• Some of the radio spots that used sound bites from interviews with real people were not totally clear because of problems with enunciation or confusing phrasing. These were retaped using actors when necessary.
  • Out of the six visual concepts for posters, two were eliminated based on feedback from the focus groups. One idea of showing a lottery ball machine with pictures of babies on some of the balls did not go over well in Utah, where gambling is discouraged and which therefore does not have a state lottery. On the other hand, a concept that visually depicted the statistic that nine out of ten young women will become pregnant in a year if they use no birth control resonated with nearly all of the participants.
  • The focus group participants really liked the brochure on birth control options because of its non-medical nature and use of their own slang words. Based on their suggestions, the contractor added information on the costs of each method and changed some wording to make it more clear.
  • The campaign tagline, "Don't Kid Yourself," also emerged from the pretesting focus groups. One participant in Salt Lake City, summing up the message in the poster visuals, said "I think it should be something like don't kid yourself.' These aren't accidents, they're excuses." This phrase was a nice double-entendre that concisely stated the campaign's message in both of its meanings. The fact that it came from a target audience member was an added bonus.

Once the changes were made based on the pretesting feedback and the final materials were approved by the steering committee, the contractor had the materials printed and radio ads taped and duplicated. The campaign was almost ready to be pilot-tested in Salt Lake City and Butte.


Implementation of the "Don't Kid Yourself" campaign in the pilot cities occurred over the course of two months between May and July 1996. The implementation plan helped to identify what needed to be done before the campaign kick-off. The clinics in Butte and Salt Lake City developed dissemination plans for distributing the posters, brochures and coasters throughout the community. The people who answered the phones at each clinic were briefed on the campaign and provided with information on how to respond to community complaints about the campaign.

The contractor negotiated and purchased radio advertising time on several stations in each city that focus group participants had indicated were popular with their peers. In most cases, the stations provided free spots as public service announcements for each spot that was purchased for the campaign, or at least lowered their normal rates. The newspaper advertisements were also placed at nonprofit rates in the alternative and college papers in Salt Lake City, in certain sections of Butte's main newspaper, and in its local shopper. In addition to the paid advertising, a press release was sent out to local media outlets announcing the "Don't Kid Yourself" campaign.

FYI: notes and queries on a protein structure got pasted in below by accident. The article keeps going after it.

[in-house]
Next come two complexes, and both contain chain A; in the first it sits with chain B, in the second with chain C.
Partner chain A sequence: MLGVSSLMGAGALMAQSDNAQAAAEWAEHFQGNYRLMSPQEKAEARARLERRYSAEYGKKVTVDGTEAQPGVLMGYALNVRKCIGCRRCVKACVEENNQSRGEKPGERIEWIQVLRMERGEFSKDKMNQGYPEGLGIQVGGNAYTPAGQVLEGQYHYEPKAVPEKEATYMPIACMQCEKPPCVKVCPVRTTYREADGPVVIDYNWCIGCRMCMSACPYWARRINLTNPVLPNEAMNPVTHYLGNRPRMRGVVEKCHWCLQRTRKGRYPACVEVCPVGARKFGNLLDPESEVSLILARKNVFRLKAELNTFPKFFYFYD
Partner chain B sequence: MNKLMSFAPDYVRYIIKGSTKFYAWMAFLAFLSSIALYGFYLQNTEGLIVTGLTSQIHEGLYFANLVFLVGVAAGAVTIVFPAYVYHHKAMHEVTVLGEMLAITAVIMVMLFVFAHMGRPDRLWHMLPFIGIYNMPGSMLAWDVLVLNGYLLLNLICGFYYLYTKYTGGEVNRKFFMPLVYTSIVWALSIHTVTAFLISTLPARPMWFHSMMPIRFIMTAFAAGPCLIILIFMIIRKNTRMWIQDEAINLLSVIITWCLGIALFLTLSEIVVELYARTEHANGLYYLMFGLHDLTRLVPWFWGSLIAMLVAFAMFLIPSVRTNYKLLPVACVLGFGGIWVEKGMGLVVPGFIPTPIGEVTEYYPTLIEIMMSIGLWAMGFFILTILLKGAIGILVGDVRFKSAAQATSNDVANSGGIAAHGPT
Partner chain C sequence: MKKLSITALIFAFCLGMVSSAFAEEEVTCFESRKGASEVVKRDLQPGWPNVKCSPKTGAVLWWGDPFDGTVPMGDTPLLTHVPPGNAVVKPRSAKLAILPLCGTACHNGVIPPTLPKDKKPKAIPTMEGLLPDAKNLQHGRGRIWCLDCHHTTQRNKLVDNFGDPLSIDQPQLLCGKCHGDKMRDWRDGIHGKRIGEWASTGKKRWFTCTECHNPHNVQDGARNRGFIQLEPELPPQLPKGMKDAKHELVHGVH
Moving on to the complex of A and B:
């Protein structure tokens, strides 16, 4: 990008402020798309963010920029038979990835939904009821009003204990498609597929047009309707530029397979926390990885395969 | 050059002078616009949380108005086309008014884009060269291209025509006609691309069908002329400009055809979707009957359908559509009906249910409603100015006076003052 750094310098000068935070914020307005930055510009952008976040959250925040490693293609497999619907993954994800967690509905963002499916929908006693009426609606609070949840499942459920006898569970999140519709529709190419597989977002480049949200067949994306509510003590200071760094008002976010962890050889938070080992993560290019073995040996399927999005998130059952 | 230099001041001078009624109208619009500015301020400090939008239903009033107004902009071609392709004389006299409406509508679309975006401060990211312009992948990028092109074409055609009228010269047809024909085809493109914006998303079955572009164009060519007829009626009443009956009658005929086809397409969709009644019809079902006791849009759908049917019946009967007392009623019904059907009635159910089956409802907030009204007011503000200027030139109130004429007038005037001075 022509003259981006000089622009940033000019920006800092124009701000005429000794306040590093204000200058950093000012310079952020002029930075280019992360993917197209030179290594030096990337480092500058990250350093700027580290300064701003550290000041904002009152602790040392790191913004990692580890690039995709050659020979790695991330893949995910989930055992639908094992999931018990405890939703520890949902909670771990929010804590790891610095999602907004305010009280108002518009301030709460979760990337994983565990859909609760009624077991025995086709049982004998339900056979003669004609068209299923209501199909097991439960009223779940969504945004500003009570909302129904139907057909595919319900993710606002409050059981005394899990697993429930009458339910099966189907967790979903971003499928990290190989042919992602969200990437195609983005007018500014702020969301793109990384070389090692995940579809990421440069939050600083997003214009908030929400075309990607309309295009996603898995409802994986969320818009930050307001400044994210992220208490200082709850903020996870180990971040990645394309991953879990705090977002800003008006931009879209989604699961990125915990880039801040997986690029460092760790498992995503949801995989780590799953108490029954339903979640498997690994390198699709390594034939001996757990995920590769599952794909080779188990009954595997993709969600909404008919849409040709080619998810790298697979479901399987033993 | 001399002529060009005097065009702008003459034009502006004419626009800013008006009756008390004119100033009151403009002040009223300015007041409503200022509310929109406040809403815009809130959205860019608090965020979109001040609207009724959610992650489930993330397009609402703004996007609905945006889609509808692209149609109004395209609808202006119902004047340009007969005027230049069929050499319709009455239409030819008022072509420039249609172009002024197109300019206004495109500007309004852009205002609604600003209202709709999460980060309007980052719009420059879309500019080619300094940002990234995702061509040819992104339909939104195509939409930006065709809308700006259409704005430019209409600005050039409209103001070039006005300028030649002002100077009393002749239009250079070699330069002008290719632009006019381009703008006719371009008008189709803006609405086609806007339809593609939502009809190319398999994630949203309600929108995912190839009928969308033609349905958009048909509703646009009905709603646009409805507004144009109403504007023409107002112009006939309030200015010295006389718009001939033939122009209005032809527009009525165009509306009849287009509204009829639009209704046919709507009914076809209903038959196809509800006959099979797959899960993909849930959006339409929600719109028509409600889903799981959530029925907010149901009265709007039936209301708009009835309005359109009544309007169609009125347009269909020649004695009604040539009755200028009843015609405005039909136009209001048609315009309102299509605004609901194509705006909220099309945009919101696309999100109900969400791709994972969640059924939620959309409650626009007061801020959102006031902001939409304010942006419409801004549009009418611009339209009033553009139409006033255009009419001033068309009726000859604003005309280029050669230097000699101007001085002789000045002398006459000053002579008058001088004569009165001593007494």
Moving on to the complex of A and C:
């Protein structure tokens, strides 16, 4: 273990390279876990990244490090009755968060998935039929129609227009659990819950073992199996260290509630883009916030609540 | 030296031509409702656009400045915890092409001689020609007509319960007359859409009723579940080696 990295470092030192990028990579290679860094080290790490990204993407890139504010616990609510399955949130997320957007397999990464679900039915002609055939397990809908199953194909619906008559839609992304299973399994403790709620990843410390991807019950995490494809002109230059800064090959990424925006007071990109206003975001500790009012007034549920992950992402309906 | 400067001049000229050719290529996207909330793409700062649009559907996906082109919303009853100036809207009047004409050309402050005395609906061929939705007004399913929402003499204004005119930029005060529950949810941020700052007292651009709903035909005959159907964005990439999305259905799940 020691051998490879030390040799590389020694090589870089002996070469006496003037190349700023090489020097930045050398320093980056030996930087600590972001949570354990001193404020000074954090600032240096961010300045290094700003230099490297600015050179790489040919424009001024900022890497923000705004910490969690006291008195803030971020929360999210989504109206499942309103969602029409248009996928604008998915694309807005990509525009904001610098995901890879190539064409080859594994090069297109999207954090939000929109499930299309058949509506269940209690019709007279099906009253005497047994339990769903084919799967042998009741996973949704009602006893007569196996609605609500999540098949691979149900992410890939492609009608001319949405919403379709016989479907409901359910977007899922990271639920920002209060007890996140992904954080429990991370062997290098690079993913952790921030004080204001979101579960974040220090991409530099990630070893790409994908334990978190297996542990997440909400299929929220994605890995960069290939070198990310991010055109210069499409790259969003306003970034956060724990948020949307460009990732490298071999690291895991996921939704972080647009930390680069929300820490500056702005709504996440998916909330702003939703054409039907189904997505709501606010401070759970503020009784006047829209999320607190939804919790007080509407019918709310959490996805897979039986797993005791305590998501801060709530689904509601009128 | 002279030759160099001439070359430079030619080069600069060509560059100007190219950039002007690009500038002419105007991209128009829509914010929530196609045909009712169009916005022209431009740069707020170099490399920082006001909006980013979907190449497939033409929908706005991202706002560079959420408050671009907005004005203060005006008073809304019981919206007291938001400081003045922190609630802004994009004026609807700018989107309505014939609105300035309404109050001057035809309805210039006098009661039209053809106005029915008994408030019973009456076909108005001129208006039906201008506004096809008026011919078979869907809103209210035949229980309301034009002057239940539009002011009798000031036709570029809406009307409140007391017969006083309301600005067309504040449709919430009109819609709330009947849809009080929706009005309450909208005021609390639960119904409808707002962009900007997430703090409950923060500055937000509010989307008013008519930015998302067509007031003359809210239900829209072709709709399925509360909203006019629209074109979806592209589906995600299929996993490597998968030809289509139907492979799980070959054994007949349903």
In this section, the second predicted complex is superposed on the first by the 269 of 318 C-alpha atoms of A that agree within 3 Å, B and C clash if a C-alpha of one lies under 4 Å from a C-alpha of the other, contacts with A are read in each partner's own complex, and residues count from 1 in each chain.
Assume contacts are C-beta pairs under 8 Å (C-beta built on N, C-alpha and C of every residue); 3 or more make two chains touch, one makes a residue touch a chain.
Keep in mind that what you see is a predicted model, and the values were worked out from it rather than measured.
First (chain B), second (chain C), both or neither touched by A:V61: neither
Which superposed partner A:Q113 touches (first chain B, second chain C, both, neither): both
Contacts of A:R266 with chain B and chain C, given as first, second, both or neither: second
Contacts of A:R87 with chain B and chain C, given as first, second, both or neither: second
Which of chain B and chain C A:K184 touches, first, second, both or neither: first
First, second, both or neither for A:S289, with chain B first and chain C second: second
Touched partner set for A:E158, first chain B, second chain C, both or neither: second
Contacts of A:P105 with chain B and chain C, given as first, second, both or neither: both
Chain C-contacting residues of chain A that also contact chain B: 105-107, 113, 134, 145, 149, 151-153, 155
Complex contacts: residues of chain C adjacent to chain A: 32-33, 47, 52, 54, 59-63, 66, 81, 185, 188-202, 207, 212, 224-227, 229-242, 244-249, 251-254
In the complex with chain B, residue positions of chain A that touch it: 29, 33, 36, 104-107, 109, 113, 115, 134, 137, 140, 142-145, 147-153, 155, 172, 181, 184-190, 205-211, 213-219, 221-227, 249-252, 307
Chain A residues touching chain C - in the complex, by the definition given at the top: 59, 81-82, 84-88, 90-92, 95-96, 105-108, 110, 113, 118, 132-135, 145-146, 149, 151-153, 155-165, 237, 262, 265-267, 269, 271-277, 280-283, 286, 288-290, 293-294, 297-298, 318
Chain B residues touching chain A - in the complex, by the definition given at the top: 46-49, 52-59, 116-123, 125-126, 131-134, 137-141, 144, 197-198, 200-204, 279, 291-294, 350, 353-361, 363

Prior to the beginning of implementation, several tracking systems were put in place to help assess the effects of the campaign. A caller tracking sheet was developed and used to tally how callers answered the question, "How did you find out about us?" Surveys were distributed to target audience members at the clinics throughout the entire implementation period to assess whether respondents were exposed to elements of the campaign. Blank "diaries" were placed in the clinic waiting rooms with instructions on the cover about the types of comments that were sought, along with a pen attached to each book. A press clipping service was also hired to track any resulting media coverage of the campaign.

Implementation ran fairly smoothly over the two-month period. Many local businesses and other organizations were willing to participate in the campaign by putting up posters and using the coasters in the bars and clubs. One of the newspaper ads had to be pulled from the Butte newspaper because a local health official felt it was too explicit and would not provide his approval to run it. Although there were some negative phone calls related to the campaign, many more positive comments were received. The tracking systems were not consistently used by the receptionists, so the results were somewhat spotty for the caller tracking sheets and clinic surveys; many receptionists found it difficult to add another procedure to their regular routine. Although entries in the clinic diaries did not usually refer directly to the campaign, most of the comments were very positive about the care received in the clinics, and this improved morale among the staff members. In both cities, patients in the target audience provided positive feedback about the campaign when they came to the clinics.


The evaluation of the "Don't Kid Yourself" campaign included a pilot testing phase and both process and outcome measures for the regionwide campaign.

Pilot Test

The campaign was pilot tested in Butte and Salt Lake City to determine how best to implement it in all six states.

Process Evaluation